Barclays slashes '13 growth forecast by nearly 1 per cent

TAIPEI - Although Taiwan recently showed signs of a gradual recovery, British bank Barclays on Friday cut its forecast for Taiwan's economic growth in 2013 to 2.2 per cent from a previous estimate of 3 per cent.

Due to lower-than-expected growth in the first half, Barclays yesterday announced a 0.8-per cent cut to its forecast for Taiwan's gross domestic product (GDP) growth rate, dropping the figure to 2.2 per cent, while leaving unchanged the 2014 GDP growth forecast at 3.7 per cent.

After seasonal adjustments, Barclays said, Taiwan's GDP for the April-June period rose 0.6 percentage points from the previous quarter.

After talking with Taiwanese manufacturers, Barclays said that Taiwanese manufacturers, while trimming down inventory, are on high alert for a momentum shift tied to this year's back-to-school boom and Black Friday shopping spree.

On the back of external demand, mainly boosted by smartphone- and seminconductor-related shipments, Taiwan's export continued with modest growth while domestic demand was propped up by an increase in the number of mainland tourists, Barclays said.

However, a downtrend in business investment suggested that businesses are cautious about the global economic recovery, said Barclays.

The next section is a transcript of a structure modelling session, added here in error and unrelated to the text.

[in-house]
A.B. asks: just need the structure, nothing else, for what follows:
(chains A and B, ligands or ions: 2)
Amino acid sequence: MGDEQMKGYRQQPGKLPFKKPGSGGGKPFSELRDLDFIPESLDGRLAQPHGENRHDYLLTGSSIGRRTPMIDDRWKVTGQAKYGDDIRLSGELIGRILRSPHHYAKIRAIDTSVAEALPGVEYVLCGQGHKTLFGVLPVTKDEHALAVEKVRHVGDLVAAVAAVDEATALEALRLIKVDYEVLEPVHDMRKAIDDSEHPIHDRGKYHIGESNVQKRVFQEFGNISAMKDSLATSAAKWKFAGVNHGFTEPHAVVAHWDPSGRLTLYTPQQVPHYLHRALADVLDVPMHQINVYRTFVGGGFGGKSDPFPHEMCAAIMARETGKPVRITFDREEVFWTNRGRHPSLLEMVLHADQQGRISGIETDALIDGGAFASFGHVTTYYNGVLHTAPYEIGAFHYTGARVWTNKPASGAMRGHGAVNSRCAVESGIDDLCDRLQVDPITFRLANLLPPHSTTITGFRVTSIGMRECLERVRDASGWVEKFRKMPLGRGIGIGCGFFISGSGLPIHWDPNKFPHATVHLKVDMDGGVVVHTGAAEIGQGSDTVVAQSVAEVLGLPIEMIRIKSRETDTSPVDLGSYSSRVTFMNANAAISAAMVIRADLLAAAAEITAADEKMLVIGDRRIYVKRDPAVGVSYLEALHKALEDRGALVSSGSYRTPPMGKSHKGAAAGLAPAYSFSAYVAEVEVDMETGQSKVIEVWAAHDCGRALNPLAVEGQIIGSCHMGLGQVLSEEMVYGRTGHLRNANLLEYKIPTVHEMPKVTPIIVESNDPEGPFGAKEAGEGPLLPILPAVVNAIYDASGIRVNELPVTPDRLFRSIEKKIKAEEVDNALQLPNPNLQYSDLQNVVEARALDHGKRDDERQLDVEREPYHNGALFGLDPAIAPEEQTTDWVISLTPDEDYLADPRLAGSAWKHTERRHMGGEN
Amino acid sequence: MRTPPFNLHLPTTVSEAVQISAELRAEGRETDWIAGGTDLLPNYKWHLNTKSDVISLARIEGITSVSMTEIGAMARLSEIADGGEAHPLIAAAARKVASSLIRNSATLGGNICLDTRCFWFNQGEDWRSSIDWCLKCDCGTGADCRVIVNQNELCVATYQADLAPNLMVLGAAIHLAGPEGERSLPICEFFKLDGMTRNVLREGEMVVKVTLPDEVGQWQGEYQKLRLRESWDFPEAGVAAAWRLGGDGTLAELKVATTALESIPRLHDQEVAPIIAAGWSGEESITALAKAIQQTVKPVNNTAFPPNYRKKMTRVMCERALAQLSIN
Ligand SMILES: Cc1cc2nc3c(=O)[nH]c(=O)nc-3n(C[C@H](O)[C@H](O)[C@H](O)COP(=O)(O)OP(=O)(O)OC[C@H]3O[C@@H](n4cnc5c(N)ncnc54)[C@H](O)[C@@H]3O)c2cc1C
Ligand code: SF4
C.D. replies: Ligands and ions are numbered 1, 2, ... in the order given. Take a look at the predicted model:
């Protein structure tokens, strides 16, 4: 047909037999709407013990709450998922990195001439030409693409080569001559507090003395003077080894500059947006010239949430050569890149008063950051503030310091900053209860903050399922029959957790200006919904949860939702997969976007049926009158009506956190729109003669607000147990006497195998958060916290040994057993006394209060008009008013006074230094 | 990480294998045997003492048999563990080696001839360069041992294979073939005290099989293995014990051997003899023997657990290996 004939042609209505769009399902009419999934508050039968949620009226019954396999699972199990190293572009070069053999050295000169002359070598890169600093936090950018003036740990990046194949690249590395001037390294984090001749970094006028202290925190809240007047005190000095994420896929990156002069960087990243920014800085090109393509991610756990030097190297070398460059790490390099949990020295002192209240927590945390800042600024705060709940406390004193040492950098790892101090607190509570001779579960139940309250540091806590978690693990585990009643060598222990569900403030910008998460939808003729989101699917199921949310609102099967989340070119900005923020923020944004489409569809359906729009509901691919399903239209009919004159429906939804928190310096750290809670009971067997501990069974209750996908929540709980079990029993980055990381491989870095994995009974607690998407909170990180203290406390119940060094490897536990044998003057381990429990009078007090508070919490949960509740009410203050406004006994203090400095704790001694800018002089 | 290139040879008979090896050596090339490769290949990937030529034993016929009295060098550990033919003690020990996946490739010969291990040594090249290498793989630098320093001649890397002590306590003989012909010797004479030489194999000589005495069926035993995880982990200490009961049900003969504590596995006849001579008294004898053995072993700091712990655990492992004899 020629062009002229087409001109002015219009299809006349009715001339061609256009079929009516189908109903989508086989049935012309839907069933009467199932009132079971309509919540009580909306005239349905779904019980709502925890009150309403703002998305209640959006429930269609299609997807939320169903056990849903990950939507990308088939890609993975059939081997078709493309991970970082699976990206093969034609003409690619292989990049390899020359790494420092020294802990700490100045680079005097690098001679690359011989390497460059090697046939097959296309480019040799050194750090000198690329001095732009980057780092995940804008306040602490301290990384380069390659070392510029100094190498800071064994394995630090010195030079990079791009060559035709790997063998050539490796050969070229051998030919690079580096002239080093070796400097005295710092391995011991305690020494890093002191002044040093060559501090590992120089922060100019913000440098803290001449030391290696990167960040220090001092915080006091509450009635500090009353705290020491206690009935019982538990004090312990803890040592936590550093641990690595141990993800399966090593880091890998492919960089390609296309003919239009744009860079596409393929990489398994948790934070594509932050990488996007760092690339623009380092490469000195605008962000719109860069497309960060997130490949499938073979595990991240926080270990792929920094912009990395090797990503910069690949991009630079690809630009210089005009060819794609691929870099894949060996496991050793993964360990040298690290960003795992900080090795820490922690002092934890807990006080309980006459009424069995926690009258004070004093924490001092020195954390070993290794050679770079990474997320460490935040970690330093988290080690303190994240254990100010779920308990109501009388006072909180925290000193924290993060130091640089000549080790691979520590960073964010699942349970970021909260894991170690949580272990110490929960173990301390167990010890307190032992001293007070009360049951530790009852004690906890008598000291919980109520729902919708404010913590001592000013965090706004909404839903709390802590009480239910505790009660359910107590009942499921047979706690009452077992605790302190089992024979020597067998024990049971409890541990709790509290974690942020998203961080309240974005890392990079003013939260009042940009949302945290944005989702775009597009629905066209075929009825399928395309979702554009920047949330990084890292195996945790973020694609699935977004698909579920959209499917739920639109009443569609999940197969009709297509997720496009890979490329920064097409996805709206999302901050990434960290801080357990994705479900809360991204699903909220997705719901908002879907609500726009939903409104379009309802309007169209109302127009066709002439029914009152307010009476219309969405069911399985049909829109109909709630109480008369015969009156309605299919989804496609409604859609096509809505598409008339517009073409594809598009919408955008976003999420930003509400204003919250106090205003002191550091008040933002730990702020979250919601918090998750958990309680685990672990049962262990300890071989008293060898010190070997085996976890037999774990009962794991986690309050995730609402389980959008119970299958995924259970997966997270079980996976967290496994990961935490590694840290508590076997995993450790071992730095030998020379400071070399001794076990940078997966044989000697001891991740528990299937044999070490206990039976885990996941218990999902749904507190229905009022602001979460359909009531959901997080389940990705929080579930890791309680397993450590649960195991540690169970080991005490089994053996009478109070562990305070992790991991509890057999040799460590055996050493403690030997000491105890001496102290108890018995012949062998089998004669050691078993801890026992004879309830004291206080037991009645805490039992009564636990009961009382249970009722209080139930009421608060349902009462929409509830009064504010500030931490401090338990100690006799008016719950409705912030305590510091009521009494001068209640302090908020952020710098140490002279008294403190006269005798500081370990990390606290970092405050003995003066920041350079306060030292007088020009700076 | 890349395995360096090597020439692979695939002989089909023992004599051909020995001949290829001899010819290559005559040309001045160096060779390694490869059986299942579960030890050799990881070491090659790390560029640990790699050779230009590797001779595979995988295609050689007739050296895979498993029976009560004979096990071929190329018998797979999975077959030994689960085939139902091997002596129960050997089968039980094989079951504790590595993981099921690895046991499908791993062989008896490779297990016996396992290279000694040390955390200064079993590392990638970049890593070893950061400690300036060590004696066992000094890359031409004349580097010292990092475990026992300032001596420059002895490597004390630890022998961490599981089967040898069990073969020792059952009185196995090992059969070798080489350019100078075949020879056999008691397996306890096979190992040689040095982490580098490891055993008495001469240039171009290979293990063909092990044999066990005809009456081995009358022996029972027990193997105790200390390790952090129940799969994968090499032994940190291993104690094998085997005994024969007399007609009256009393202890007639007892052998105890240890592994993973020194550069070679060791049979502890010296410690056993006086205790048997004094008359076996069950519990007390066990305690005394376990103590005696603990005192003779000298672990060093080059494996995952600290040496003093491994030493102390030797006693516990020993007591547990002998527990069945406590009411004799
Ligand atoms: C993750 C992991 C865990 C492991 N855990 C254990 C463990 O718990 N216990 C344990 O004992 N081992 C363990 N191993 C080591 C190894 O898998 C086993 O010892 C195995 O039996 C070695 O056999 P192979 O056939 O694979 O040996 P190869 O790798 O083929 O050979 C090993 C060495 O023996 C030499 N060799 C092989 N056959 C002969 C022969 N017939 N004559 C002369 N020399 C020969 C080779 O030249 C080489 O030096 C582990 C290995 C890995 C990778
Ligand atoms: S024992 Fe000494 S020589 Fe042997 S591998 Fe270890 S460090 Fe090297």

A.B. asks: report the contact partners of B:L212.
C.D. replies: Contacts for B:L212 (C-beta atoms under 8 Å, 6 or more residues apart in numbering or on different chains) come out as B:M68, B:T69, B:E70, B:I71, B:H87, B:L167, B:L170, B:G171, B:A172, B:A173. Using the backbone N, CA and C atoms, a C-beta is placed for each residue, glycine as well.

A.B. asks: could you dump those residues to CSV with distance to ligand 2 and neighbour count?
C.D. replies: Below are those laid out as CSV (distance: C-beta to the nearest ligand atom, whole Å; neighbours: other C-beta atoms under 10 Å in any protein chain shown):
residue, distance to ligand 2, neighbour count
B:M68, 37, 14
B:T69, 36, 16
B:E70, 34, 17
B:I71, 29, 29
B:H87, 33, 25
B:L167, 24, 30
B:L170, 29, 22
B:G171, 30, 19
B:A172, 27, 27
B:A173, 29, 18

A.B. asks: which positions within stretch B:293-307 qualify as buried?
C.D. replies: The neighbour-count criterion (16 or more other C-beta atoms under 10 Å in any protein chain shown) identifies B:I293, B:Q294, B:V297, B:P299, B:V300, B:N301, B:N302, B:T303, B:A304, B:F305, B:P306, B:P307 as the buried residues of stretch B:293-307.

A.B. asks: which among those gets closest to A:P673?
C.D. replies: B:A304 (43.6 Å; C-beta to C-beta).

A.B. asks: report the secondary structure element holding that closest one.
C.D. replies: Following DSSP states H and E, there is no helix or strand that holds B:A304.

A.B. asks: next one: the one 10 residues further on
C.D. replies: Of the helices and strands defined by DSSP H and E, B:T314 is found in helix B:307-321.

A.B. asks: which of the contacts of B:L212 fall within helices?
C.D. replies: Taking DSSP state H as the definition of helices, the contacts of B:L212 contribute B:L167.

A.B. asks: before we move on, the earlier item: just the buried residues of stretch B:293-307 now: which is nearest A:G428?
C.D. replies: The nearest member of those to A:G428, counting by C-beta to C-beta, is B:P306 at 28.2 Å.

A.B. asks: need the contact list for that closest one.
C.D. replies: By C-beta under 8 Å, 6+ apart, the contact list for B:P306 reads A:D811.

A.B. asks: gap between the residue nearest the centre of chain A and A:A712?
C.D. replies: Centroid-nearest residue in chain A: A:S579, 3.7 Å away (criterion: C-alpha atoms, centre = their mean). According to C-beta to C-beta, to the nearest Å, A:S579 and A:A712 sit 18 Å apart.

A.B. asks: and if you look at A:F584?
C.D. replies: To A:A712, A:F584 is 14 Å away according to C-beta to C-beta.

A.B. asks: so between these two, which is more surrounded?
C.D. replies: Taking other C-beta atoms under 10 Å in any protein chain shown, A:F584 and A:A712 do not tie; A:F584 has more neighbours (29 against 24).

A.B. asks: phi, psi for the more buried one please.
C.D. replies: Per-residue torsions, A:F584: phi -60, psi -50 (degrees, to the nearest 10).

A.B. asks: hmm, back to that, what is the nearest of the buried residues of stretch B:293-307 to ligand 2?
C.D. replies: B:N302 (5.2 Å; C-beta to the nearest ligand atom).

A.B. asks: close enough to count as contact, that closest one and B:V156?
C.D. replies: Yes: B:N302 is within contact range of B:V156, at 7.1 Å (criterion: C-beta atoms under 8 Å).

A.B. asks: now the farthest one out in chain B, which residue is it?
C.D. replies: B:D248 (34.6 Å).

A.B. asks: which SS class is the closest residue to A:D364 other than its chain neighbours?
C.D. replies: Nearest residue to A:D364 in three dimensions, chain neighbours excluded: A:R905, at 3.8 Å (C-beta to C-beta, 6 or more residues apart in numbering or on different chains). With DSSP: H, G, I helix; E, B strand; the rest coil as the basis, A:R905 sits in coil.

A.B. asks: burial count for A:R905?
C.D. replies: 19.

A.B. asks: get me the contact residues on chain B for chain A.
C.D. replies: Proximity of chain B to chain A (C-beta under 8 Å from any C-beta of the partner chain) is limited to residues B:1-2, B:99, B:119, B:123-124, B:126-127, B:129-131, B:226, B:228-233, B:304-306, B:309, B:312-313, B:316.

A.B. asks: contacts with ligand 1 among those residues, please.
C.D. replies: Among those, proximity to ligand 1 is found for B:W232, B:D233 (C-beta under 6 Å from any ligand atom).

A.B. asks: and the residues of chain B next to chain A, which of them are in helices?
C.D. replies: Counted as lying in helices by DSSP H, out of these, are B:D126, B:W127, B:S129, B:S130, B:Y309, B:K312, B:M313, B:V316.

On July 31 Taiwan announced an annual GDP growth of 2.27 per cent for the second quarter of this year, beating an earlier estimate of a 1.98-per cent increase.

The Directorate General of Budget, Accounting and Statistics (DGBAS) under the Executive Yuan did not revise its forecast of Taiwan's GDP growth for 2013, maintaining a previous estimate of 2.4-per cent growth, which it made in May.

Bank of America Merrill Lynch recently said that it is maintaining its forecast for Taiwan's GDP growth in 2013 at 2.7 per cent.

US growth optimism, robust demand in the Association of Southeast Asian Nations (ASEAN) and a potential eurozone bottoming out should bolster Taiwan's exports for the rest of this year, and will likely offset the downside risks posed by China's slowdown in the near term, a Merrill Lynch analyst said in a research note to clients.

However, Merrill Lynch said it still sees risks from domestic demand weaknesses, as imports of capital goods slowed, while consumer goods will likely be subdued by falling real wages.

By contrast, J.P. Morgan Chase and Co. has revised upward its forecast for Taiwan's full-year 2013 GDP growth to 2.3 per cent from an earlier projection of 2 per cent, after taking into account second-quarter GDP figures.

J.P. Morgan said it continues to expect a lift in global economic activity going into the second half of 2013, backed by the lift in global consumer spending in response to lower inflation.

This more constructive outlook toward the global economy in the second half - especially for the developed markets - will likely provide some support for Taiwan's export and industrial sectors going forward, J.P. Morgan said.

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